Cranberry Venison
Cranberry Venison

Cranberry Venison


This feast will impress even fussy eaters who claim they don’t enjoy wild game. Plus, it’s low in fat, full of flavour and quick and easy to prepare. No deer loin? Try moose, elk or antelope instead. And for the sauce, you can substitute the cranberries with any strong-flavoured berry.

Serves: 4



  • 1 to 2 tbsp olive or canola oil
  • 8 boneless venison loin steaks (11/2 to 2 inches thick), trimmed of fat and silver skin
  • Salt and black pepper, to taste
  • 1/4 cup brandy (or bourbon)
  • 1/2 cup wild cranberry jelly or sauce
  • 3 tbsp Dijon mustard
  • Venison juices
  • 1 cup red wine
  • 2 tbsp butter
  • Salt and black pepper, to taste



Preheat a heavy sauté pan on high heat. Add just enough oil to coat bottom, then sear steaks on each side; remove steaks, place on a plate and cover with foil.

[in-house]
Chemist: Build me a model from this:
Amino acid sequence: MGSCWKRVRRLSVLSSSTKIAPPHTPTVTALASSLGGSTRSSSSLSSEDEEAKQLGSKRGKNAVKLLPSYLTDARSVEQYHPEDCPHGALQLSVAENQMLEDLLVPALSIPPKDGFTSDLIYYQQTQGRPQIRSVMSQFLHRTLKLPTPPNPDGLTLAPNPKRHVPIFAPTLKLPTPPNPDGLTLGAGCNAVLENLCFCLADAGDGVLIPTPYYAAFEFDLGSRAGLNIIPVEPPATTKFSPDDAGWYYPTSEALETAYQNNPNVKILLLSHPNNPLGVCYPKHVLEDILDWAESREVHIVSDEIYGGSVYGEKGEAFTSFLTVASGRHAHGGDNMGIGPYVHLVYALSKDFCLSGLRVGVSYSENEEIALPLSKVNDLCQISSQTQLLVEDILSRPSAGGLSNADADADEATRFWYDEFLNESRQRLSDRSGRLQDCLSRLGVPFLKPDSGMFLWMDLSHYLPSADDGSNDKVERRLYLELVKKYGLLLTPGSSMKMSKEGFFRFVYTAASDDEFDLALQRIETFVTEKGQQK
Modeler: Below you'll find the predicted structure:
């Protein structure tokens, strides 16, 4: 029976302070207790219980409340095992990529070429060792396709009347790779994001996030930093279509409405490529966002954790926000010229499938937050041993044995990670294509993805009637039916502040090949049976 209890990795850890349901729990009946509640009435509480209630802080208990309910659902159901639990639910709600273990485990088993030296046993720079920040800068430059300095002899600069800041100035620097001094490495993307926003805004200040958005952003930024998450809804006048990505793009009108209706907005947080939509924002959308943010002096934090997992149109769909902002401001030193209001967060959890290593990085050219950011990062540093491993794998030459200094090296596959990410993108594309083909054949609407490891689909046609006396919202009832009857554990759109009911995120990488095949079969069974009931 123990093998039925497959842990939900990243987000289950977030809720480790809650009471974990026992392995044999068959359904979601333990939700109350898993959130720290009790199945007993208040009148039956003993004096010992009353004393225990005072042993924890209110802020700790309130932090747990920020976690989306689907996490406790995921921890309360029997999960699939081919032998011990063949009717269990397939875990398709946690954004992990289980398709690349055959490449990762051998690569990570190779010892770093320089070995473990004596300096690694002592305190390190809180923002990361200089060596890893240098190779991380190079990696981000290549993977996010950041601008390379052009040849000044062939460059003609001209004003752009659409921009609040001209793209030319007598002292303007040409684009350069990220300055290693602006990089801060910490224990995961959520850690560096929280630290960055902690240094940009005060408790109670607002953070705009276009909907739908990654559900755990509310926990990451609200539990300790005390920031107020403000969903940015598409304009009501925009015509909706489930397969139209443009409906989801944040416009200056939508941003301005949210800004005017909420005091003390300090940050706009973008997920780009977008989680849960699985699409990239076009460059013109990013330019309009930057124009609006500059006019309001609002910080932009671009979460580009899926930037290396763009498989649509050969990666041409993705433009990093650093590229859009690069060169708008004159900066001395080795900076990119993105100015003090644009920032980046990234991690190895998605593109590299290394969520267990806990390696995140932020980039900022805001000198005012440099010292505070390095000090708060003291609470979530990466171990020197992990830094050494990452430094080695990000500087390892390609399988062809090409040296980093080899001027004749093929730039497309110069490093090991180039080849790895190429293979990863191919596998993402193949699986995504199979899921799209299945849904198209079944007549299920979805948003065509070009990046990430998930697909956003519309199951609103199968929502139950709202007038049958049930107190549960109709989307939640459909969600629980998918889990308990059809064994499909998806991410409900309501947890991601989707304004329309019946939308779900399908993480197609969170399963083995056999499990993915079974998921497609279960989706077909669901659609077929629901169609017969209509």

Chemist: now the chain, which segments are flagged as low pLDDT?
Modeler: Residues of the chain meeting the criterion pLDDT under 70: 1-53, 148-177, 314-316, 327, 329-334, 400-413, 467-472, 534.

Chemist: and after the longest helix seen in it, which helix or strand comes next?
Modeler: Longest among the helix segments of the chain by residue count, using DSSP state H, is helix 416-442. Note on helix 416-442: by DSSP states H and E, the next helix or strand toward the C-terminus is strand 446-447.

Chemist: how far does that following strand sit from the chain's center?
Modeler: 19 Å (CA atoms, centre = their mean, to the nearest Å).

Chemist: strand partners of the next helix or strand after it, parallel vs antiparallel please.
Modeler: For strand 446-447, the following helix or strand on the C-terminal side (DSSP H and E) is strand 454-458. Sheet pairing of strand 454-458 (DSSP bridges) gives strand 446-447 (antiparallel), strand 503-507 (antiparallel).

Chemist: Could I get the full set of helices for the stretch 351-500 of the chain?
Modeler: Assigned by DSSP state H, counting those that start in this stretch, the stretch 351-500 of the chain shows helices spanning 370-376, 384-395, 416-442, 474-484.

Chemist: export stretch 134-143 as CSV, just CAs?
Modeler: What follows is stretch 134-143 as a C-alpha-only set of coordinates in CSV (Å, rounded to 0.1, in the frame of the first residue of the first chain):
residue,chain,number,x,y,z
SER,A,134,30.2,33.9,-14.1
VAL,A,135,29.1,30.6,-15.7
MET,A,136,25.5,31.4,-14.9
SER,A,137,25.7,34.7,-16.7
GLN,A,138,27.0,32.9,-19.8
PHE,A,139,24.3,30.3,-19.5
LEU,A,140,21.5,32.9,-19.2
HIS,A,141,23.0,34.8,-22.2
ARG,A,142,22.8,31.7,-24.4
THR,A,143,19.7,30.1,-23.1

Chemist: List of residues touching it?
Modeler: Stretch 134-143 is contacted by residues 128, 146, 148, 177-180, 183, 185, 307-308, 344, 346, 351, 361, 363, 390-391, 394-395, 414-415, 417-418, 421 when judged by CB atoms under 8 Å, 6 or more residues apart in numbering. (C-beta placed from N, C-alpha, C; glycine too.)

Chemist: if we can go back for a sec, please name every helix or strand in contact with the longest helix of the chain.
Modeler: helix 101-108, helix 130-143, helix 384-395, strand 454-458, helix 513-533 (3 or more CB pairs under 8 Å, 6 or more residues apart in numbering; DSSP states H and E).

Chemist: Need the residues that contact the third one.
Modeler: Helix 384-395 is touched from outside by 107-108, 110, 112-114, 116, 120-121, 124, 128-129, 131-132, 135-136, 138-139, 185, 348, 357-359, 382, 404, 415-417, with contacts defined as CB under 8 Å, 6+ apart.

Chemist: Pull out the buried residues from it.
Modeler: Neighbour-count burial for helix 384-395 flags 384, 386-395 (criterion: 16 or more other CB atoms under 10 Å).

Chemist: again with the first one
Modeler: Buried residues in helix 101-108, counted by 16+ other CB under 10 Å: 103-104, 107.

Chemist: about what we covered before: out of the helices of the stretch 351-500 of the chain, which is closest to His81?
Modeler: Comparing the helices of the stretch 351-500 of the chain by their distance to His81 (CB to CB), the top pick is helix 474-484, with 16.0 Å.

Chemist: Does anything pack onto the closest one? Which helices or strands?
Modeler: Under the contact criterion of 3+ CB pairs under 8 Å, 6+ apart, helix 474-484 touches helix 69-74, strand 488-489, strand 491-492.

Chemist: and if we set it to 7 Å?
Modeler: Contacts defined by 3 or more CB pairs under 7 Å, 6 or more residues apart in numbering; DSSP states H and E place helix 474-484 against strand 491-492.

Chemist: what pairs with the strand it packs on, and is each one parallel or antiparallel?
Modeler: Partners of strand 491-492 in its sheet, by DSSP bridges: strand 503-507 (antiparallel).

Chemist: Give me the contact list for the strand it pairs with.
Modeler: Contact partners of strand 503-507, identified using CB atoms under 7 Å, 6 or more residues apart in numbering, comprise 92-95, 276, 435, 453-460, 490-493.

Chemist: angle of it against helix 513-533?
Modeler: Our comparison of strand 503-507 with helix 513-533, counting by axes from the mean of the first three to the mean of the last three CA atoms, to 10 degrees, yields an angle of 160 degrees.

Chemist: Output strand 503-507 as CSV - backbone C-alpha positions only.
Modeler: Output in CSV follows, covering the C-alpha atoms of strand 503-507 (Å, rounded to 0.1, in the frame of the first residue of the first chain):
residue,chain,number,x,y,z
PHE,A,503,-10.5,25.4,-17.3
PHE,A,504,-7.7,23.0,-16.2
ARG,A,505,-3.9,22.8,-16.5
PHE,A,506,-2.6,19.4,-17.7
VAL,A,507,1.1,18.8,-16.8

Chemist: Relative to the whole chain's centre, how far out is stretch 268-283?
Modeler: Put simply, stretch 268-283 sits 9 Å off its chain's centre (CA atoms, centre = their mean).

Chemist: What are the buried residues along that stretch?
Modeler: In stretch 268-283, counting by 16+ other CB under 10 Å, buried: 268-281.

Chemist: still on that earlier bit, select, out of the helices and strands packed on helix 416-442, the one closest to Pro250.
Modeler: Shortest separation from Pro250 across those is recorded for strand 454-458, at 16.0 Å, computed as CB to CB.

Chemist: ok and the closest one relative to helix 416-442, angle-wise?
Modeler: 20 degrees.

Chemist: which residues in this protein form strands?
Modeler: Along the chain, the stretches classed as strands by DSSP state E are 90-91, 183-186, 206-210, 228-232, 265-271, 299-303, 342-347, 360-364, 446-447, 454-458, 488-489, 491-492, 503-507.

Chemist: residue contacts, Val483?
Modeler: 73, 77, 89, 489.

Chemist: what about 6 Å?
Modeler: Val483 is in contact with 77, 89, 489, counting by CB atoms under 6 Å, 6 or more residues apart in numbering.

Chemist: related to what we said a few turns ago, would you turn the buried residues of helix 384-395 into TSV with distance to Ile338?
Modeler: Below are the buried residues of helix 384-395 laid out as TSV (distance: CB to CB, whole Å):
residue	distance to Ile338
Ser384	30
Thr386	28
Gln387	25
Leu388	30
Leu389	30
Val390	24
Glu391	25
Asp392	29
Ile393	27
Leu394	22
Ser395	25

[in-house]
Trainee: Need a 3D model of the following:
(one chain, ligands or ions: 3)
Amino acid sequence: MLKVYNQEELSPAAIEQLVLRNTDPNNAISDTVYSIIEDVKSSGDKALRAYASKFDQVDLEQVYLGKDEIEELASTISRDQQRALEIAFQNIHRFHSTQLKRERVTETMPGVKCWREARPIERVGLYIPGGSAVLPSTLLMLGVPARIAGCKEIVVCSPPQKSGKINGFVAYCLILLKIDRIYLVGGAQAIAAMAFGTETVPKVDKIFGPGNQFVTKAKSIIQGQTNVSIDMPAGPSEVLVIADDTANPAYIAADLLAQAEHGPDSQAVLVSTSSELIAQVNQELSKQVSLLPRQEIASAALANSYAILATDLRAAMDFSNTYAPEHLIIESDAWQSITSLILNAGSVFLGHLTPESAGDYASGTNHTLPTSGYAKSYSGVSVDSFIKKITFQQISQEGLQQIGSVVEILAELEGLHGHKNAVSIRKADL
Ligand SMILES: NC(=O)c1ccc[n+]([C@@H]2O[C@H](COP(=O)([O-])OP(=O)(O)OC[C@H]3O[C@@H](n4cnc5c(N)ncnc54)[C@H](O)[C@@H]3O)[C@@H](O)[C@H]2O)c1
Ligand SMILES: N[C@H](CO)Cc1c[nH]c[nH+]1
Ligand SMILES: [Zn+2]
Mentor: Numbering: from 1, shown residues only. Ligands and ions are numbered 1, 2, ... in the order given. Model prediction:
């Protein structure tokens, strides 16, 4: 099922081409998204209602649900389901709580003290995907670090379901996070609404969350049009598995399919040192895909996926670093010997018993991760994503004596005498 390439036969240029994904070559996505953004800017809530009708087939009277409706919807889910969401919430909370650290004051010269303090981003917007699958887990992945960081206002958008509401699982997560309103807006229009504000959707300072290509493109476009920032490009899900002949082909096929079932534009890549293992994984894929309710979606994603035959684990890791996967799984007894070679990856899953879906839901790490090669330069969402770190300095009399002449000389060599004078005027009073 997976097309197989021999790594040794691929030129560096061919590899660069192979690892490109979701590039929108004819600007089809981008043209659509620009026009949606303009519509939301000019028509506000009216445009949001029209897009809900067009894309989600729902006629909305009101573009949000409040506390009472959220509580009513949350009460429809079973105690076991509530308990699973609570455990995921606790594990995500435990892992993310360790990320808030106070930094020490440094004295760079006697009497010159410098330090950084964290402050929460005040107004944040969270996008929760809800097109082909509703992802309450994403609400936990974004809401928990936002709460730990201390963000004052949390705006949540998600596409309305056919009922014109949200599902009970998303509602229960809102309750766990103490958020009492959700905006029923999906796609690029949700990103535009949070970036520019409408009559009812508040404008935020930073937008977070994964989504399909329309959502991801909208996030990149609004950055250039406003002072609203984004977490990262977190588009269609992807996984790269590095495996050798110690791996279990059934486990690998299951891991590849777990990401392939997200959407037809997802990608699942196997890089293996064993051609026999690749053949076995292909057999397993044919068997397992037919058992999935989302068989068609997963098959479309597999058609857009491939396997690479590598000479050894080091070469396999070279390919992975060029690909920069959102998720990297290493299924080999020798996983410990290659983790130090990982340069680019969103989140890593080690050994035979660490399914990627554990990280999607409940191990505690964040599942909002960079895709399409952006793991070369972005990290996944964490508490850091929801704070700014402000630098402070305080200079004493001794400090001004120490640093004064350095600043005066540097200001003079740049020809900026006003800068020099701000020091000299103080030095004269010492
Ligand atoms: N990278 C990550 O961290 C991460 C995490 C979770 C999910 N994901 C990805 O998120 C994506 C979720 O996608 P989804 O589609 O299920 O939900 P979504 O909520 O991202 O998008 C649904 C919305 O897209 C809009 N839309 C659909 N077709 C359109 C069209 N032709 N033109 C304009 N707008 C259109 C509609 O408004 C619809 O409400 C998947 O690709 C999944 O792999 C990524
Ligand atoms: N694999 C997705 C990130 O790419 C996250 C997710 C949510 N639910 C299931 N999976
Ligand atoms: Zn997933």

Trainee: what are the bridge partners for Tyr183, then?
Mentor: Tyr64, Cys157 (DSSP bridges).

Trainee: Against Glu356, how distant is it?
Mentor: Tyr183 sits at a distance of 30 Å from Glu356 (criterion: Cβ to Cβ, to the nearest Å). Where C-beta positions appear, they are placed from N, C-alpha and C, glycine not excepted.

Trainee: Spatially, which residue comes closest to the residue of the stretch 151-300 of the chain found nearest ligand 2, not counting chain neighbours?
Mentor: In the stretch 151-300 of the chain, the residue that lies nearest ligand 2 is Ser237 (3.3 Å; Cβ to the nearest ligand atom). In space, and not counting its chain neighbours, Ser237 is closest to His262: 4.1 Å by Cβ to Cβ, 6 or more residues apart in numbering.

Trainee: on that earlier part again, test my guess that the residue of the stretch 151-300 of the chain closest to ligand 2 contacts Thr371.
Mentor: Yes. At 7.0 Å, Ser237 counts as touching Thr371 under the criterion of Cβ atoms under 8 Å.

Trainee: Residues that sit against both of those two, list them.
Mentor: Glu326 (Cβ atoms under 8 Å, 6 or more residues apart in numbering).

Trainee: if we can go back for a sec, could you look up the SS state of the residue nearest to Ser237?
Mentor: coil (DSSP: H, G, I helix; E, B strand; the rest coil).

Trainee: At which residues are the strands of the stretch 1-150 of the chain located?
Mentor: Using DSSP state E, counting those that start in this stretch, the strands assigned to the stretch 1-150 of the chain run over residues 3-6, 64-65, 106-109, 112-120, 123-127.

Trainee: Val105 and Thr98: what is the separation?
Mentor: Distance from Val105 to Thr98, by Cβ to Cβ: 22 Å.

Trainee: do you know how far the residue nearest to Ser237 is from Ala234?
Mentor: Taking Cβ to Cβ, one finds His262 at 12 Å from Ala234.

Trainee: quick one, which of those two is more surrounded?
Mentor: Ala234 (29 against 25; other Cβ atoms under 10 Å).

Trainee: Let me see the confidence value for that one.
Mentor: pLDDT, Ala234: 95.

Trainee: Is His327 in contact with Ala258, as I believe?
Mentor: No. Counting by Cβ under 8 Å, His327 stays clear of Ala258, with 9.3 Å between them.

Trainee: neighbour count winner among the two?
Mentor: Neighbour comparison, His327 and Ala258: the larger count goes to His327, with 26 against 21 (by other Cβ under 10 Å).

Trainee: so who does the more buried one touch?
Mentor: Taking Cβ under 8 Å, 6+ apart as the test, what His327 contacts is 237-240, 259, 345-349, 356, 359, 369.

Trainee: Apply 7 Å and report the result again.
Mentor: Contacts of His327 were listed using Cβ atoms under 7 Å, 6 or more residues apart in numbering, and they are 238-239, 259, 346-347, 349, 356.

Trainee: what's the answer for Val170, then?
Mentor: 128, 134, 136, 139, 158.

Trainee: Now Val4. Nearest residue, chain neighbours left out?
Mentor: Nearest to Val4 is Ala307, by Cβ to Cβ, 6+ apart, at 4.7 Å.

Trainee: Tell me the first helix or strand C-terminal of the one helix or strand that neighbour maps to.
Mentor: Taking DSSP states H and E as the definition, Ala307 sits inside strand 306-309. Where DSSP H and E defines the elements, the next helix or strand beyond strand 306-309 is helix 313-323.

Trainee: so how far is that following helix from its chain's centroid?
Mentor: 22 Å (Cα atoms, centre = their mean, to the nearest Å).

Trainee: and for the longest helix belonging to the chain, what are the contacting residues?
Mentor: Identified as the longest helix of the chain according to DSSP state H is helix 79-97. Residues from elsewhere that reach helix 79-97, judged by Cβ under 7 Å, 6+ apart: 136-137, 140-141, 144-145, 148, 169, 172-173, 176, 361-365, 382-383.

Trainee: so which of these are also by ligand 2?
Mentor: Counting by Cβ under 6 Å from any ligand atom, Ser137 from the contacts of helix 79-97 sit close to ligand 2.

Wild Cranberry-mustard Sauce

  1. Drain oil from pan and de-glaze with brandy. Stir in jelly and mustard.
  2. Once jelly melts, add steak juices from plate. Add wine to pan and simmer until sauce thickens.
  3. Add butter and return steaks to pan for a couple of minutes to finish cooking, turning them to coat with sauce. Season with salt and pepper.

Tasty Sides

Oven-roasted baby potatoes flavoured with garlic and rosemary, along with steamed asparagus, complement this dish nicely.

Eschew the Fat

  1. For truly delectable venison, remove the fat during the butchering process, as well as any remaining bits of fat when preparing to cook the meat. Why? Fat on game animals goes rancid very quickly, even when frozen.
  2. Also carefully remove any silver skin on loin and tenderloin cuts, as well as on larger muscle groups; it’s usually easiest to do this while the meat is still partially frozen.

For the Glass

Try a stout beer or a full-bodied red wine—such as a Canadian Merlot, California Zinfandel or Italian Barolo—to accompany this venison dish.